nep-neu New Economics Papers
on Neuroeconomics
Issue of 2016‒11‒13
four papers chosen by

  1. Cognitive Impairment and Social Security's Representative Payee Program By Anek Belbase; Geoffrey T. Sanzenbacher
  2. Maternal Education, Parental Investment and Non-Cognitive Characteristics in Rural China By Jessica Leight; Elaine M. Liu
  3. Complex Decision Making: The Roles of Cognitive Limitations, Cognitive Decline and Ageing By Michael P. Keane; Susan Thorp
  4. Myopic misery: Maternal depression, child investments, and the neurobiological poverty trap By Strulik, Holger

  1. By: Anek Belbase; Geoffrey T. Sanzenbacher
    Abstract: Social Security’s Representative Payee Program allows one individual to receive benefits on behalf of a retiree or disabled person who is incapable of managing them. In the case of retirees with cognitive impairment, the program could help prevent fraud by ensuring that Social Security benefits are immediately turned over to a capable individual. This paper seeks to answer three questions about the Representative Payee Program and its relationship to cognitive impairment. First, what share of individuals with cognitive impairment use a representative payee? Second, if individuals with cognitive impairment are not using a payee, what are they doing instead? Finally, is it possible to identify recipients with cognitive impairment who have no help managing their finances (through a representative payee or otherwise), a situation that makes them especially vulnerable to fraud?
    Date: 2016–11
  2. By: Jessica Leight (Williams College); Elaine M. Liu (University of Houston)
    Abstract: This paper evaluates the parental response to non-cognitive variation across siblings in Gansu province, China, employing a household xed e ects speci cation. The non-cognitive indices are de ned as the inverse of externalizing challenges (behavioral problems) and internalizing challenges (anxiety and withdrawal). The results suggest that there is signi cant heterogeneity with respect to maternal education; educated mothers compensate for di erences between their children, investing more in a child exhibiting greater non-cognitive de cits, while less educated mothers reinforce these di erences. Most importantly, there is evidence that these investments lead to the narrowing of non-cognitive de cits over time for children of more educated mothers.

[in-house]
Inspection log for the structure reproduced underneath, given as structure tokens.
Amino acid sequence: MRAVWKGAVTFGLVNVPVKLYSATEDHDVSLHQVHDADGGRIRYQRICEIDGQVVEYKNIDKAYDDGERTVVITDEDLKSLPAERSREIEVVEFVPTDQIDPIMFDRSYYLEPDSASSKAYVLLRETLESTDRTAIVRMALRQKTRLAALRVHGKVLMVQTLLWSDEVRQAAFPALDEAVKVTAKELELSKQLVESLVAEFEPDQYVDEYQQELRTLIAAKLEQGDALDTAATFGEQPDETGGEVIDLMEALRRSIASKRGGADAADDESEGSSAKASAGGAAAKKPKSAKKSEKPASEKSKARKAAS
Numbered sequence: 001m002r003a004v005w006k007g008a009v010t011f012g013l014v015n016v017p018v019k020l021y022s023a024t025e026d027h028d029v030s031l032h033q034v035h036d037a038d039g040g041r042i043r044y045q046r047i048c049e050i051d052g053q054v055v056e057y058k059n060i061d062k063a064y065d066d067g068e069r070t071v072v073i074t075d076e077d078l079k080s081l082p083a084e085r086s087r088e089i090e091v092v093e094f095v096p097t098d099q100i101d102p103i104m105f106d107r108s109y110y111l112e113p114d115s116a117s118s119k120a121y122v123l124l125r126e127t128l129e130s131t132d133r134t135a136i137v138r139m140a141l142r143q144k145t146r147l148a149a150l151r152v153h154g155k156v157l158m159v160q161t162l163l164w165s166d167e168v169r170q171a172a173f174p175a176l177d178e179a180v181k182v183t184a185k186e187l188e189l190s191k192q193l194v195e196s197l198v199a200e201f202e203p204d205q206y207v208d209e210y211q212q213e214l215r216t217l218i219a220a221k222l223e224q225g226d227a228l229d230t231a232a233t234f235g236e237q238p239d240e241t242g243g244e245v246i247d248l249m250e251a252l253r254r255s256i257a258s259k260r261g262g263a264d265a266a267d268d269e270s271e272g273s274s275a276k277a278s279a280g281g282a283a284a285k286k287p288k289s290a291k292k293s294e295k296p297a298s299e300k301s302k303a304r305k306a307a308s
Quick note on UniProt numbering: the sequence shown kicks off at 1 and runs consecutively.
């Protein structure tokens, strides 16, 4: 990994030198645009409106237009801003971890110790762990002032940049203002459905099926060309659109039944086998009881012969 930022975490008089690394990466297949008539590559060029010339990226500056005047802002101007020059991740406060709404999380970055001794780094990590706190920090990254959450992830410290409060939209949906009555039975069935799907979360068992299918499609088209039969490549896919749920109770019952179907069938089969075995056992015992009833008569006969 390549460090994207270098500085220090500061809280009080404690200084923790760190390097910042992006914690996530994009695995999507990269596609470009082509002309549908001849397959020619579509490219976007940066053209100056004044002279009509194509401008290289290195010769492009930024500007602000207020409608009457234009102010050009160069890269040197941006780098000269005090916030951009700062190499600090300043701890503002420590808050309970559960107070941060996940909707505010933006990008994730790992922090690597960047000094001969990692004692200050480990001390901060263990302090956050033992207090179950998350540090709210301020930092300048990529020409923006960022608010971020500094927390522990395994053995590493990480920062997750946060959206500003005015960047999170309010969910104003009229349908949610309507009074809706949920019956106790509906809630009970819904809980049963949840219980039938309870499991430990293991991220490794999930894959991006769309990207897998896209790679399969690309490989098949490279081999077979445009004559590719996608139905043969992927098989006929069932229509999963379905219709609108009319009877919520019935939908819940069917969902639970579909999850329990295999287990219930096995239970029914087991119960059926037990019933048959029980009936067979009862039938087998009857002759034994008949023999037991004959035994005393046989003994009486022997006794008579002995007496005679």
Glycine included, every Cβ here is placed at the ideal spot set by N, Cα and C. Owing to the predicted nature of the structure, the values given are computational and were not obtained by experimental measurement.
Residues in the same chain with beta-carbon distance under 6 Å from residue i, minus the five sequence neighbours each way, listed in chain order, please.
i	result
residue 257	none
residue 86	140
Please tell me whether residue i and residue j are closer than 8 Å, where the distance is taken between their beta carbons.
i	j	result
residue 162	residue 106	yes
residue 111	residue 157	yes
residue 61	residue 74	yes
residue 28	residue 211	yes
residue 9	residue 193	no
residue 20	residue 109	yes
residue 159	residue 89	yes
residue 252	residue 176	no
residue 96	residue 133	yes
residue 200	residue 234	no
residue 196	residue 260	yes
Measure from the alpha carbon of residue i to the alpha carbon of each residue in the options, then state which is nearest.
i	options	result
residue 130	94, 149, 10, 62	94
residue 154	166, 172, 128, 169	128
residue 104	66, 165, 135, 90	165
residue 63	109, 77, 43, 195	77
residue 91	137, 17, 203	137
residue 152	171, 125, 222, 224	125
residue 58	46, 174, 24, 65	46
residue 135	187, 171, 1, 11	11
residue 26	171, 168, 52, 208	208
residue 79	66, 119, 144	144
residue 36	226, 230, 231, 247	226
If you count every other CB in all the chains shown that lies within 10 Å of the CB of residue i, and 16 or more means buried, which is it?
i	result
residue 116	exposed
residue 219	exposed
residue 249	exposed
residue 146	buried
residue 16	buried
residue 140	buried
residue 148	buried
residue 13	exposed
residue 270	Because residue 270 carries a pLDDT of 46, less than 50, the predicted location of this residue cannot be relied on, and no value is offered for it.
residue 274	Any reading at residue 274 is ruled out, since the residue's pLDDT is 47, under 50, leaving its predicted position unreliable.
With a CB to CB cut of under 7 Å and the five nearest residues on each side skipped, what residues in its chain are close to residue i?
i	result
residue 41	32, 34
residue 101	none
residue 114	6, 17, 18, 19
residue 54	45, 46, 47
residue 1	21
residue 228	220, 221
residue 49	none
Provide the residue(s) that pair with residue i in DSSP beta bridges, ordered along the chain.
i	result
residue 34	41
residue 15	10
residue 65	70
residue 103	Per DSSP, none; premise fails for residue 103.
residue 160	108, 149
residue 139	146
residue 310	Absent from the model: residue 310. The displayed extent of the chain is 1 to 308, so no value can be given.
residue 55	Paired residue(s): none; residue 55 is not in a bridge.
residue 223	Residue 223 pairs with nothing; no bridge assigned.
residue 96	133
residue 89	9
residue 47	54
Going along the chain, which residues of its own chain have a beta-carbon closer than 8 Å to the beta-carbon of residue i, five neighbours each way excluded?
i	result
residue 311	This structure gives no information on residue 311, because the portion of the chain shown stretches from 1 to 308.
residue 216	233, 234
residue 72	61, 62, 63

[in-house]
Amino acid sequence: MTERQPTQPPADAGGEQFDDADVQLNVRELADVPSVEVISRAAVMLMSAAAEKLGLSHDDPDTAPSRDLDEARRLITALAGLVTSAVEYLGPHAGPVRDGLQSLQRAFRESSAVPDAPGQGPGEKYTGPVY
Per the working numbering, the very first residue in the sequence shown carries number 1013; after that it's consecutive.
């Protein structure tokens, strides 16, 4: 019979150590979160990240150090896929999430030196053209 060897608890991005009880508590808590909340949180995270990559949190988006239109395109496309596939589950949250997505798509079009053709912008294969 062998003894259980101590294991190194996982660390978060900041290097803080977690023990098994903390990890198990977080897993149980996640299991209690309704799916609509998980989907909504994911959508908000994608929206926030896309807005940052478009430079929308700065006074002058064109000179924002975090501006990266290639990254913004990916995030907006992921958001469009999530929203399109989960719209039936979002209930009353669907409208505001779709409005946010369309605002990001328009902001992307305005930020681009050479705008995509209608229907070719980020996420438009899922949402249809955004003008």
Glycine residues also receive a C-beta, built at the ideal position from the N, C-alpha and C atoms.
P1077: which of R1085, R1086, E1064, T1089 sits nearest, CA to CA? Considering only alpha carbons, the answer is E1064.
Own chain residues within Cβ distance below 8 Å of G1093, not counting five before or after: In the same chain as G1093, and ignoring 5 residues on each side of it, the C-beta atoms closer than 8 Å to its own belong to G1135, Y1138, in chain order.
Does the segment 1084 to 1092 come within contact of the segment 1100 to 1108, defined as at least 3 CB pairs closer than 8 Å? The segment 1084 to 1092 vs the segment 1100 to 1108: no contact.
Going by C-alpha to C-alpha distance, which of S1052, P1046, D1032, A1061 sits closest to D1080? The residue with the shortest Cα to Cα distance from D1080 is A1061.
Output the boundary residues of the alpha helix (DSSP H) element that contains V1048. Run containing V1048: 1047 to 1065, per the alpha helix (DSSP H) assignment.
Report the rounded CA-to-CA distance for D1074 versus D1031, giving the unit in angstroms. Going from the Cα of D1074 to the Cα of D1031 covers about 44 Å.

Keywords: non-cognitive characteristics, parental investment, intrahousehold allocation
    JEL: I24 O15 D13
    Date: 2016–08
  3. By: Michael P. Keane (University of Oxford and University of South Wales); Susan Thorp (The University of Sydney)
    Abstract: We review evidence on decision making in complex choice situations – i.e., situations where there are many alternatives and/or where attributes of alternatives are difficult to understand. We focus on choices about health insurance, health care, and retirement planning, all of which are very important for the well-being of the elderly. Our review suggests that consumers in general, and the elderly in particular, have great difficulty making optimal choices in these areas. They often behave in ways that imply a high degree of “confusion,” such as (i) failure to understand key attributes of alternatives, or (ii) inadequate cognitive capacity to process payoff relevant information. We go on to discuss extensions to standard rational choice models that account for consumer confusion. These include allowing perceived attributes to depart from true attributes; the use of heuristics; and inattention or procrastination. Such departures from rationality can be moderated by cognitive ability, age etc. We hope that these new models may be useful in designing paternalistic interventions.
    Keywords: Aging; Life cycle; Health insurance; Health care; Pensions; Retirement plans; Discrete choice models
    JEL: I13 I11 J14 J32 H55 D14 D83 D84 D91 C35
    Date: 2016–11–01
  4. By: Strulik, Holger
    Abstract: In this paper, I explore in an overlapping generations framework, a mechanism motivating a neurobiological poverty trap. Poverty causes stress and depression in individuals susceptible to depression. Poor and depressed individuals discount the future at a higher rate and invest less in the human capital of their children than mentally healthy or rich individuals. This gene-environment interaction generates a vicious cycle in which poor individuals inherit not only susceptibility to depression but also stress and poverty. I show that a successful one-time intervention has the power to permanently eliminate the neurobiological poverty trap.
    Keywords: child investment,development,depression,discounting,intergenerational transmission,gene-environment interaction
    JEL: O12 O15 D10 D91 I15 I25 I30
    Date: 2016

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